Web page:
Professors Ludvig Lizana and Insik Kang (at 1.02.00) introduced the physics award where research on complex systems and climate systems conducted several decades ago was awarded. Sometimes it takes a long time for scientific results to be proven and win acceptance which means the scientist either need to have a great confidence in their findings or a supporting environment, or both. Funding is a challenge to maintain that kind of work and from the discussion it is also clear that it is difficult to maintain a contrarian position in a culture that rewards harmony. Continuously publishing will benchmark your science and is a better way in any research culture to conduct good research.

Good research should inspire good research

Professors Sven Lidin and Hyeyoung Jang (at 1.40.40) introduced the chemistry award which is another area where “old” research played a role as one of the awardees used 25 years old research and drew new conclusions. Inspiration for research can come from many places and a question was if the Nobel awards inspire new research. Professor Lidin believes so and hopes that an award has the potential to put the search light on an area.

Our 10-minute panel discussions are effective in the online format but alas too brief to pursue all interesting lines of discussion. With more time I would have loved to hear Professor Jang talk more about working close with Professor List, one of the laureates, and to share about the Brain Korea 21, a program to strengthen the capacity for outstanding Korean graduate schools and next-generation researchers.

Balanced economic science without exaggerated interpretations

The award in Economic sciences (at 2.52.50) followed the sessions on the Sciences awards and presentations and contributions to a panel discussion were made by professors Gauthier Lanot, Yoonsoo Park, and Joseph Han. The format for the sessions on economics and on literature are 20 minute presentations and a 30 minute discussion affording both more content and discussion, perhaps unfair to the sciences sessions with 10 minutes for each presentation and the panel, and still not long enough to cover everything 😊

All speakers had their own experience of using Natural Experimentation, the topic for the awards, and the presentations turned out to be effective lectures to understand the methodological development and empirical research. Interesting from a science point of view is that some results from this research (on the effect of changes in minimum wage) were not all that welcome when it was published in the 1990’s as it was counter to the established view and being economics there will be political interest in getting a particular result where half of them would be satisfied and the other half not. The turmoil this created still exist and the award has rendered politically motivated articles in Swedish press and a South Korean context of frustration was present on stage.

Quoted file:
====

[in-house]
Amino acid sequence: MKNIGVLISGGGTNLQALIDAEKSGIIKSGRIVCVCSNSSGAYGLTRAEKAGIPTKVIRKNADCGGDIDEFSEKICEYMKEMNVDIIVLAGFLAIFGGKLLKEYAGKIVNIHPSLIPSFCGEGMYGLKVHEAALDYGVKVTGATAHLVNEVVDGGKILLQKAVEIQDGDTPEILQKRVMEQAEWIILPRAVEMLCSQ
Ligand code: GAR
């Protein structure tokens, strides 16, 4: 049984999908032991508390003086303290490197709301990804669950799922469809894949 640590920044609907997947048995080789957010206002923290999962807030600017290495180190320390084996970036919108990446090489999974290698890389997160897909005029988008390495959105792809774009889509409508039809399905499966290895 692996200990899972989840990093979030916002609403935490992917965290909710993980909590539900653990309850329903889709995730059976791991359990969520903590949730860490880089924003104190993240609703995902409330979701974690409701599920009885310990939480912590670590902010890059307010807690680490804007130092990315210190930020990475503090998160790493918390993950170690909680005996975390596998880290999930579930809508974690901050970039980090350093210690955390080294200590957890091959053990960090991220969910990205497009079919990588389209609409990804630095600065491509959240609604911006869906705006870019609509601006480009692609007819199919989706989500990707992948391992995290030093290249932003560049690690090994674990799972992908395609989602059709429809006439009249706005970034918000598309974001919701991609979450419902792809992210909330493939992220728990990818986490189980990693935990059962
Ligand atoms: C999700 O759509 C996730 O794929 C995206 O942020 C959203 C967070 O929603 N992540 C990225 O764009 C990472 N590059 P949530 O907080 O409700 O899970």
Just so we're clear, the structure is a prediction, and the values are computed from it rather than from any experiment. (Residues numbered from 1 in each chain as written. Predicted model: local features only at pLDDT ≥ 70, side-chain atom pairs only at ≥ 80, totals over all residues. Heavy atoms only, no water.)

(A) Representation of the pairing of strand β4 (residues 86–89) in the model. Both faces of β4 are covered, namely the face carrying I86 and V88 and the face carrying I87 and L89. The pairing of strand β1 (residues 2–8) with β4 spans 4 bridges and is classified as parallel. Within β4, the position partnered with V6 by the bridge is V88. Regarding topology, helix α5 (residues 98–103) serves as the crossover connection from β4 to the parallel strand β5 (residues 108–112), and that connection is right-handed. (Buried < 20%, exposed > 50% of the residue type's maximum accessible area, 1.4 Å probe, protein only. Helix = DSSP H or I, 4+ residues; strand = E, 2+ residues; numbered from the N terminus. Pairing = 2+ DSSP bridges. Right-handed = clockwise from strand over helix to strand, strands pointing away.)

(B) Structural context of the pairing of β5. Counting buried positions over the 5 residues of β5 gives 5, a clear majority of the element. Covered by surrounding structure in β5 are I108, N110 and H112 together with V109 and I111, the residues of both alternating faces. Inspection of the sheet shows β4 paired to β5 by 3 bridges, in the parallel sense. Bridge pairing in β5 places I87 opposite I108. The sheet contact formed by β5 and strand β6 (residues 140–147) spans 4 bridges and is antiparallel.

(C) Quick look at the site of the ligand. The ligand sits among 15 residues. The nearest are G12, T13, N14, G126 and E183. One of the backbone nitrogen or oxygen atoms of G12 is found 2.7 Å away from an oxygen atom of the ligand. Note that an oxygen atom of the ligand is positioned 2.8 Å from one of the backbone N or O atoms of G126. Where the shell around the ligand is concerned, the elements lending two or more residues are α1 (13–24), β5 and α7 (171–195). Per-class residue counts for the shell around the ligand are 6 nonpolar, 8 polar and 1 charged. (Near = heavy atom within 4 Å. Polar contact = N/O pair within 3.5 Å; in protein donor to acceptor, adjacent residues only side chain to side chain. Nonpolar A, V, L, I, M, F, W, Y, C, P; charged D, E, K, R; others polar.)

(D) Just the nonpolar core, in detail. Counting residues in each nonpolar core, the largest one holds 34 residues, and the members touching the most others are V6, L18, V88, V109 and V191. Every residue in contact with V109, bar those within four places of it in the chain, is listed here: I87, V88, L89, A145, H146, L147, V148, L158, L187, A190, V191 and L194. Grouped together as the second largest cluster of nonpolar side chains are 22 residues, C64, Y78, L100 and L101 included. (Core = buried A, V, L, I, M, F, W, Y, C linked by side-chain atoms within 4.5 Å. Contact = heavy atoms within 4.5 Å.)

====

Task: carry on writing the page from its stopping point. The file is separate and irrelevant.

The tension of scientific findings and political consequence made for an interesting discussion in the lines of a call for both robust science and the ability of the field to answer questions to policy. The research by the laureates was considered balanced and it’s important to stick to what the research finding’s say and not exaggerate in any direction.

Economics, it was said, is the most robust of the social sciences because it has frameworks such as price and other quantitative elements with models that can be tested. With more data becoming available there is more empirical research and abilities to analyse them are constantly getting better such as with big data and new technologies. All speakers agreed AI may become useful but is not yet a panacea for economics research. Much challenges remains to work on for those considering doing research in economics.

Translation of stories of displacement will find readership in South Korea